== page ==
While continued technical difficulties associated with Healthcare.gov, confusion over coverage options and angst about premium sticker shock keep making national headlines, the issues themselves do not appear to be triggering many employee inquiries inside HR departments.
“There has not been any effect that I have seen or heard, since most people are covered by their employer-sponsored plans,” reports Bruce Elliott, manager of compensation and benefits of the Society for Human Resource Management.
The ACA is simply not an issue for employees of Exchange Bank in Santa Rosa, Calif., none of whom would qualify for a federal subsidy, an actuarial analysis shows. All they need to do is work as little as 20 or more hours to receive generous coverage through their employer.
“Because the bank subsidizes 85% of the premium for individual coverage and 35% for dependents, our employees could clearly see that our platinum-level plan costs half of what a bronze-level plan would cost on the exchange,” says Lori Zaret, the bank’s executive VP of HR. She is more concerned about the 40% excise tax on so-called Cadillac coverage that is slated to take effect in 2018.
“As an employer that provided for its employees’ health care needs long before the Affordable Care Act was enacted, our ‘reward’ for being a good employer and [offering] quality health care options is projected to be a tax of about $185,000 for our POS plan alone,” she explains.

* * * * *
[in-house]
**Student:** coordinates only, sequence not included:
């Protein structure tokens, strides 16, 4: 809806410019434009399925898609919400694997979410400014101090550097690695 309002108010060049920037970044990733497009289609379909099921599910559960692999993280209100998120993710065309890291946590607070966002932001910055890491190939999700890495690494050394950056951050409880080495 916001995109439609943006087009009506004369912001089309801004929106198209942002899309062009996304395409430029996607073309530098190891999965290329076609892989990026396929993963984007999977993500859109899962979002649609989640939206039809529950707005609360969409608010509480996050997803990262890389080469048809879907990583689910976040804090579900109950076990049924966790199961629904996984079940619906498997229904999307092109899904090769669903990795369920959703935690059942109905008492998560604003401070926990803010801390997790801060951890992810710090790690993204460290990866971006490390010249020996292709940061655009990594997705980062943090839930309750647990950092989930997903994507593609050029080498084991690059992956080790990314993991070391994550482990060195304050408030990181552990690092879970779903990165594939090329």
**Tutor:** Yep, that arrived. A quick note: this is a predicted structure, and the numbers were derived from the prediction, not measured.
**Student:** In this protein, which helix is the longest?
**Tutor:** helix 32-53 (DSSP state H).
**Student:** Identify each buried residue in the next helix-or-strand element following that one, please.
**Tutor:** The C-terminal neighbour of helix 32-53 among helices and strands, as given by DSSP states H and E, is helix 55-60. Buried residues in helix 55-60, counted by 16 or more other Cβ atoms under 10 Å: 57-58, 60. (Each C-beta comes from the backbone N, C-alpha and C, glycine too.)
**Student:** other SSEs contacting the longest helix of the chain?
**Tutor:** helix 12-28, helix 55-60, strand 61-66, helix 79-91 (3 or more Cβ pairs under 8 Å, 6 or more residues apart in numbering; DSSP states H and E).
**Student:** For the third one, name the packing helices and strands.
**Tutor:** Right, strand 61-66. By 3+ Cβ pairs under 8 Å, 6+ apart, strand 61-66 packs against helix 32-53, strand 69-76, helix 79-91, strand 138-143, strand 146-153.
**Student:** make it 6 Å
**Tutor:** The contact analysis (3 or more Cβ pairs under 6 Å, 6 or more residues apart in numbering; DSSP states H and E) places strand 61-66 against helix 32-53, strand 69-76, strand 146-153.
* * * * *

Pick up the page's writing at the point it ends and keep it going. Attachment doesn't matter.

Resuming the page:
She says she wonders whether other employers that have consistently provided high-quality plans will be forced to offer lower-tier coverage to escape the chokehold of this tax.
There have also been no inquiries about health insurance “whatsoever” among nearly 1,000 employees of JetStream Ground Services, Inc. in Jupiter, Fla., reports CFO and corporate controller Georgianne Graves.
The company’s relatively low-wage workforce of mostly young and healthy individuals has historically expressed “very little interest in taking advantage of our already affordable plan,” she reports, noting that there has not been any significant amount of lost time for illness or paid time off.
“Until the auto-enrollment for large employers kicks in at some future date,” Graves says, “the employee base is not going to make inquiries into the affordability of our plan vs. the public exchanges. They appear to not be interested in obtaining coverage and will only inquire about it as a result of being forced into coverage via auto-enrollment at some point in the future.”
Commonwealth Fund research suggests that young adults struggle to afford health insurance, rather than believe they do not need it. Sara Collins, Ph.D., vice president for health care coverage and access program at the organization, believes uninsured Americans will try hard to obtain HIX coverage and subsidies, regardless of their health status or age.
Bruce Shutan is a Los Angeles freelance writer.
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